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Page Title: Naval Terms and Customs -Continued: Crossing the Line - Flag at Half-Mast
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Naval Terms and Customs -Continued: Chains - Coxswain
Naval Orientation - Military manual for administrative purposes
Naval Terms and Customs -Continued: Forecastle - Gundecking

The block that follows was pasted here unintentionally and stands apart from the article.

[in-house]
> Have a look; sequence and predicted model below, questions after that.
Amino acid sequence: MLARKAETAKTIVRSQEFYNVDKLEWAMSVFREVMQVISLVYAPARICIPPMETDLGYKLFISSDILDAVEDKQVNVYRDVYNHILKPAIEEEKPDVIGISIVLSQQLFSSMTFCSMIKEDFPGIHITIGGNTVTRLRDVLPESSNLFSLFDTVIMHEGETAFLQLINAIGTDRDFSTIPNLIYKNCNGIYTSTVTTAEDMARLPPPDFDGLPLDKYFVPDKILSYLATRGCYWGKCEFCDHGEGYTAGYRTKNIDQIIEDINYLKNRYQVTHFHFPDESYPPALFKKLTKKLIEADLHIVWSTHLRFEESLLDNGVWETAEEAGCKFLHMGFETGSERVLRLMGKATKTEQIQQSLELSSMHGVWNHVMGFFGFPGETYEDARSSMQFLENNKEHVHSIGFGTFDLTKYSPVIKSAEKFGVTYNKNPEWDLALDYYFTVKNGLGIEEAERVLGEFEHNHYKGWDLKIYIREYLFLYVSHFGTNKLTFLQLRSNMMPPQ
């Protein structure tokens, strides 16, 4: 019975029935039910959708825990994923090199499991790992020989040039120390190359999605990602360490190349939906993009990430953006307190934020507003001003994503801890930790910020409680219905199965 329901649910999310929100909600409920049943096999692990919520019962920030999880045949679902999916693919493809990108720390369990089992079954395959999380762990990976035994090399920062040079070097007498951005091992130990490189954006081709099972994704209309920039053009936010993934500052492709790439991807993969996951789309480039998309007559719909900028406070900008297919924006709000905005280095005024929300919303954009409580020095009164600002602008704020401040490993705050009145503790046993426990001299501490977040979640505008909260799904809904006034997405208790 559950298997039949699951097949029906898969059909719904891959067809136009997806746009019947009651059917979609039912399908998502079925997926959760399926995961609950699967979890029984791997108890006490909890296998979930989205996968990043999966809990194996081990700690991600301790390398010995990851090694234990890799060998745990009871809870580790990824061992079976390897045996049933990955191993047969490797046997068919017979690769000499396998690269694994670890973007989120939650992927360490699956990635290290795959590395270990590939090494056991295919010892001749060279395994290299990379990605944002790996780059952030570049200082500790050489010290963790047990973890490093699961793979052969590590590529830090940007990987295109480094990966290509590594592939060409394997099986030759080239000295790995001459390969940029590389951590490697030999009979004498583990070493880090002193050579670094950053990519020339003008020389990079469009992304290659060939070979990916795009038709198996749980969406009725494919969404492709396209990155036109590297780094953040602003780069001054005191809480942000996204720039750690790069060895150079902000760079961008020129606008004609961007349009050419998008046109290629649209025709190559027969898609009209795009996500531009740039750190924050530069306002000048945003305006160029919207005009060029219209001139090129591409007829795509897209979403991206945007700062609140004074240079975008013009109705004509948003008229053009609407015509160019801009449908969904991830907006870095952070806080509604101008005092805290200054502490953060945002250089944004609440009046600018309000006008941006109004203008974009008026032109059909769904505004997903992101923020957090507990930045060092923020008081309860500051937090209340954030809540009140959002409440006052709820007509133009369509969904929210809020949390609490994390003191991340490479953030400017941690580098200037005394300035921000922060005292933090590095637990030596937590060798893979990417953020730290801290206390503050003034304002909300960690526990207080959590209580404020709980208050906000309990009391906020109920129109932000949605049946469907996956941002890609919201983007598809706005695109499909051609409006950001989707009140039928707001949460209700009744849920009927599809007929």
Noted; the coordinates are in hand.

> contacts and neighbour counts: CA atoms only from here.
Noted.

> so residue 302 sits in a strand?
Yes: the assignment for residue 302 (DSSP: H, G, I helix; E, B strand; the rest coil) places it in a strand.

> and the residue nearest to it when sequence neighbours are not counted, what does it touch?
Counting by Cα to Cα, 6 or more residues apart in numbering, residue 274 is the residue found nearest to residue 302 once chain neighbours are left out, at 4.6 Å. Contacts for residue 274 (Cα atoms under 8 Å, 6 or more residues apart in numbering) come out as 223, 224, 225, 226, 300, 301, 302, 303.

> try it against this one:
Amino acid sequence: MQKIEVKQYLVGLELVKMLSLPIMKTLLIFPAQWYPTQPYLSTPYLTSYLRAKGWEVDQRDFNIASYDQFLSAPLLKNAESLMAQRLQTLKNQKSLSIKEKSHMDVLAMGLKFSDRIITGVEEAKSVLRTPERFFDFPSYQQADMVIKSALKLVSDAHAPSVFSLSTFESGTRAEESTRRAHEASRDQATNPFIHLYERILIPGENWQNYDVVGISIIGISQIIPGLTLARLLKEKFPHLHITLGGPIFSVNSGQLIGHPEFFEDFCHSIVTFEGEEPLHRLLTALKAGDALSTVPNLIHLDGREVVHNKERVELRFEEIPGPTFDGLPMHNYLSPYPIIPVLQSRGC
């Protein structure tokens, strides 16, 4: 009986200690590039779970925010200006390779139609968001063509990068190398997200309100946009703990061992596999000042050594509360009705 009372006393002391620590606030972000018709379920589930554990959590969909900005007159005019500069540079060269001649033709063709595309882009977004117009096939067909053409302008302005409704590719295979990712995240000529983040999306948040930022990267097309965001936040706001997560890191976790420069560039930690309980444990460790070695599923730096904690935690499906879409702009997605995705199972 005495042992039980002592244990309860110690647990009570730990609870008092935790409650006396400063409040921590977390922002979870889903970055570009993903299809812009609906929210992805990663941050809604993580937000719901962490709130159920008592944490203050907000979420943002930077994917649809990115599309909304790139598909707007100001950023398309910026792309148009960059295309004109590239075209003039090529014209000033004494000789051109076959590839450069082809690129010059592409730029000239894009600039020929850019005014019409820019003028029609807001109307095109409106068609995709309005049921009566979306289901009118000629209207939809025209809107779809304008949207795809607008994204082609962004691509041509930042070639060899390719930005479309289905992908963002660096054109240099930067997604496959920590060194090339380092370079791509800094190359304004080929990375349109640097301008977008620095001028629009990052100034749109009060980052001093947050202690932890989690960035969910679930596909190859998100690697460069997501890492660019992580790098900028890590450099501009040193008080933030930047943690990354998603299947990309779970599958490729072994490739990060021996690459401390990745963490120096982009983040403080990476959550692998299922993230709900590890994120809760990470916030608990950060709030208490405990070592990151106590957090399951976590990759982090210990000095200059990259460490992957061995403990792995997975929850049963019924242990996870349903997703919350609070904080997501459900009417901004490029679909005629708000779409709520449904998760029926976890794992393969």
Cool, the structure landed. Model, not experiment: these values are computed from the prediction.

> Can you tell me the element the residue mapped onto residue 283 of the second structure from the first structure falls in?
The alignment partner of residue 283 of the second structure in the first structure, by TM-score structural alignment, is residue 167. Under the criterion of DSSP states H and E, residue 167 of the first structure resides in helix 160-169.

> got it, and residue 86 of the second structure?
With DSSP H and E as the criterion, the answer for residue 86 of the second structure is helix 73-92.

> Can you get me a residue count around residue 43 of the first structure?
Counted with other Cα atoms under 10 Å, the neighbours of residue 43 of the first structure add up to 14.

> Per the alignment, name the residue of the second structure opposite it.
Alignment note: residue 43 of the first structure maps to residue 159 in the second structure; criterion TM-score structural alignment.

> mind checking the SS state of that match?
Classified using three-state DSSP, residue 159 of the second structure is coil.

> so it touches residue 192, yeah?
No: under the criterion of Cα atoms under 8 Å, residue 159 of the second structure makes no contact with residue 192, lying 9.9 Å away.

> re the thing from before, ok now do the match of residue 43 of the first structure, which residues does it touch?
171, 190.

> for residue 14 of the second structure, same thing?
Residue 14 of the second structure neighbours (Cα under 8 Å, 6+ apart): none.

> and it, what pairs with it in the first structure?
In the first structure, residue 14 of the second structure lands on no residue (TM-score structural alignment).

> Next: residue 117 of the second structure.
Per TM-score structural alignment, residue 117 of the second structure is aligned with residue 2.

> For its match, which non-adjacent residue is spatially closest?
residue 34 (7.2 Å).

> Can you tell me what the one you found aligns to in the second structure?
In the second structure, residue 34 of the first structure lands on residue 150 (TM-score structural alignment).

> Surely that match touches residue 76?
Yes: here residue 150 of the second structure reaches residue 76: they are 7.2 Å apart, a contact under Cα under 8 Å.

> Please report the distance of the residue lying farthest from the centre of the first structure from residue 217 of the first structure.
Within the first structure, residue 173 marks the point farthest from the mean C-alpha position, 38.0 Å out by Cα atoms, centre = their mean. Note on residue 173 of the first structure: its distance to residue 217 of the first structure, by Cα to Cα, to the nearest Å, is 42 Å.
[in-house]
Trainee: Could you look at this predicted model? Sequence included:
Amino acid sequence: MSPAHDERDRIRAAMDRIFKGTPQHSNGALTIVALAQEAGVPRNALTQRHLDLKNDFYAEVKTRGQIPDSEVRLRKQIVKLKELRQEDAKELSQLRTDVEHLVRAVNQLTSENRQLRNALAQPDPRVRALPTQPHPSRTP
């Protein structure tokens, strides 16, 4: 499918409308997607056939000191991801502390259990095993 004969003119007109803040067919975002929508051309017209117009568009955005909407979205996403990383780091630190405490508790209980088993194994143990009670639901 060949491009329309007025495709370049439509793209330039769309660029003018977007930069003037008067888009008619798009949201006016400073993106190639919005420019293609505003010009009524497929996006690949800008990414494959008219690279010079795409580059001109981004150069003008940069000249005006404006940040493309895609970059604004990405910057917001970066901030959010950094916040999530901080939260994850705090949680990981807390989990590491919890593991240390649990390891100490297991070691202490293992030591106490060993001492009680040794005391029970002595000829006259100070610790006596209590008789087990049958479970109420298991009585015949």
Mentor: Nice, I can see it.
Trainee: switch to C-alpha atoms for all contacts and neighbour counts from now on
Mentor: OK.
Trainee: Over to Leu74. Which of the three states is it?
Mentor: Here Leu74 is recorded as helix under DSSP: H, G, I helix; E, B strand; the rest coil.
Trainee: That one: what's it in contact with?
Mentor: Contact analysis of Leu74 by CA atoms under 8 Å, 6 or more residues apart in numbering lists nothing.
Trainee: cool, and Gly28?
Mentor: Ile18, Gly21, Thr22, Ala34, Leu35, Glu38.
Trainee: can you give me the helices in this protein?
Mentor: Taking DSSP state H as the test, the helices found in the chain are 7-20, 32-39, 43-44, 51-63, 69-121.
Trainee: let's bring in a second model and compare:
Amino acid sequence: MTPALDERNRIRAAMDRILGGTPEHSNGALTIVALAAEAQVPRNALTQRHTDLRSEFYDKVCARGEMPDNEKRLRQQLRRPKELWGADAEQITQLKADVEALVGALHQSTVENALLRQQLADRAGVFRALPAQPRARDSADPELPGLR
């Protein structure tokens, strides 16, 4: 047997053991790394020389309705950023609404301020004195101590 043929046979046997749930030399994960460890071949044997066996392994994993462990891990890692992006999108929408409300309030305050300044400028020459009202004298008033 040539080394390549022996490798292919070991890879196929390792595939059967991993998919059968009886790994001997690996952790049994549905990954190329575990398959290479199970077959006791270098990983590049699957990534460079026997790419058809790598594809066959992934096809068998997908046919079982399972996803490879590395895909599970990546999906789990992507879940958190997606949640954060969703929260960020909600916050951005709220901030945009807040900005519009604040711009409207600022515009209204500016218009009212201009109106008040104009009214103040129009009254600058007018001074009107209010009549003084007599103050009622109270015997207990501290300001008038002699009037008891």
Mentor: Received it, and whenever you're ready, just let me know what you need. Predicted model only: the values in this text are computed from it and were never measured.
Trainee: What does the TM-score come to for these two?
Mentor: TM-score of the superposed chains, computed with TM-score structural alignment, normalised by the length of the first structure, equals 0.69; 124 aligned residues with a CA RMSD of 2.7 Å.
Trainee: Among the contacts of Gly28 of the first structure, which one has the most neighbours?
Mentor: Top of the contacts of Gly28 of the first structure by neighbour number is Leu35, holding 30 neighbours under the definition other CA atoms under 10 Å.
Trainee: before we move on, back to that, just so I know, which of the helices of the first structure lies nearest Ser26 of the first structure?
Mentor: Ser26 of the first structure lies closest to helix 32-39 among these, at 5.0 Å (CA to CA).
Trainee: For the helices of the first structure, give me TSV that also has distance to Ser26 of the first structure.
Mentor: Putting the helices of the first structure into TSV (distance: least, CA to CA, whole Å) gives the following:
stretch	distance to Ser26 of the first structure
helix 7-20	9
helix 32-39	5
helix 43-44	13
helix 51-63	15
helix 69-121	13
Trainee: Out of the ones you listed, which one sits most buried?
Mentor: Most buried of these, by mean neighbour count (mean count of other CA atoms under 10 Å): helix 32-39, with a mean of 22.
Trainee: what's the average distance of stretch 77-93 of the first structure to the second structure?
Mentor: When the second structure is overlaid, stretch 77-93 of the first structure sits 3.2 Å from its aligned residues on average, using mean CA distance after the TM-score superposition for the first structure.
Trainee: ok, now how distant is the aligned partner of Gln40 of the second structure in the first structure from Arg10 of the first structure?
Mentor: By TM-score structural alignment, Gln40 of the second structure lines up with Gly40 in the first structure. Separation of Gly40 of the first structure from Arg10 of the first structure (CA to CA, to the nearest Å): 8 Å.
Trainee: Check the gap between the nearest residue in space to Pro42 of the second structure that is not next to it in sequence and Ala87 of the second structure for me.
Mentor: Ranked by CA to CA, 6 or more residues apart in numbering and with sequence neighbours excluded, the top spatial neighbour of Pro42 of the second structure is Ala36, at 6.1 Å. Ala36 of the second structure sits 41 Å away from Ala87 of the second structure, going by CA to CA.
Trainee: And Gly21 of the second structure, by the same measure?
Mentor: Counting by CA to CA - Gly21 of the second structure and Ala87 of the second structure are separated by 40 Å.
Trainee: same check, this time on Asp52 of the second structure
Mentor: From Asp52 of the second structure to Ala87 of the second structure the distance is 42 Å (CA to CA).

CROSSING  THE  LINE The boisterous ceremonies of crossing the line (equator) are so ancient that their derivation has been lost. It is said that this custom had its origin in  offerings  to  pacify  the  deities  of  the  sea  by mariners  who  thought  that  gods  and  goddesses controlled  the  elements. Today  when  naval  ships  cross  the  equator, those  members  of  the  crew  (called  “polliwogs”) who  have  never  before  crossed  the  line  are initiated by the more experienced members of the crew  (called  “shellbacks”).  The  usual  formula  is for the shellbacks to attire themselves in strange costumes representing Neptune, Amphitrite, and other mythological gods and goddesses of the sea. A  court  is  held  among  Neptune’s  subjects,  and the   novices   are   summoned   to   trial.   The   fate administered to each is in the nature of ridicule, such  as  a  parade  of  the  person’s  particular idiosyncrasies  and  a  caricature  of  the  person’s foibles. The victim is usually lathered with some frightful concoction, shaved with a wooden razor, and  ducked  backward  into  a  tank  of  water.  The victim   is   then   issued   a   certificate,   signed   by Neptunus  Rex,  documenting  the  fact  that  the person  has  crossed  the  line  and  is  now  a  full- fledged   “shellback.” CUT OF HIS JIB The nationality of the early sailing ships was frequently  determined  by  the  shape  or  cut  of  their jib  sails.  Use  of  the  phrase  as  applied  to  man originally  referred  to  his  nose—which,  like  the  jib, is the first feature of its wearer to come into view. Ultimately  it  was  extended  to  describe  a  man’s general  appearance. DIPPING THE ENSIGN Dipping the flag in salute is a relic of an old- time  custom  of  merchant  vessels.  These  vessels were   required   not   only   to   heave   to   when approaching a warship on the high seas, but also to clew up all their canvas to indicate the ship’s honesty  and  willingness  to  be  searched.  Since delays   resulted,   the   rule   of   dipping   the   flag was  authorized  in  later  years  as  a  timesaving substitute.  Ships  of  the  U.S.  Navy  return  such salutes  dip  for  dip,  except  for  dips  rendered  by ships   under   the   flag   of   nations   not   formally recognized by the United States. No ship of our Navy initiates a dip. DITTY  BAGS A ditty  bag  (or  box)  was  originally  called  a “ditto  bag”  because  it  contained  at  least  two  of everything: two needles, two spools of thread, two buttons, and so forth. With the passing of years, the  “ditto”  was  dropped  in  favor  of  “ditty”  and remains  so  today. Before  World  War  I,  the  Navy  issued  ditty boxes made of wood and styled after foot lockers. These boxes carried the personal gear and some clothes  of  the  sailor. Today the ditty bag is still issued to recruits. It  contains  a  sewing  kit,  toiletry  articles,  and personal  items  such  as  writing  paper  and  pens. DUNGAREES In the past dungaree referred to a coarse kind of fabric worn by the poorer class of people and also  used  for  tents  and  sail.  We  find  it  hard  to picture our favorite pair of dungarees flying from the mast of a sailing ship. However, in the early days  of  sailing  ships,  sailors  often  made  both  their working  clothes  and  hammock  out  of  discarded sail  cloth. The cloth used then wasn’t as well woven as that of today, nor was it dyed blue; but it served the  purpose.  Dungarees  worn  by  sailors  of  the Continental navy were cut directly from old sails. The dungarees remained tan in color, just as they had  been  when  filled  with  wind. After   battles,   the   captains   of   both   the American and British navies reported more sail lost  in  battle  than  actually  was  the  case.  This practice  provided  the  crew  with  cloth  to  mend their hammocks and make new clothes. Since the cloth was called dungaree, clothes made from the fabric  were  called  by  the  same  name. EYES OF THE SHIP In  the  early  days  the  bows  of  ships  usually were  carved  to  resemble  heads  of  mythological monsters or patrons. The fore part of the ship was called the “head.” The term  eyes of the ship  was derived from the eyes of the figures carved on the bow. FLAG  AT  HALF-MAST During times of mourning in old sailing days, ships displayed loose, suspended yards and slack rigging.  The  ships  purposely  exhibited  this  lax appearance to show that grief was so great that AII-4

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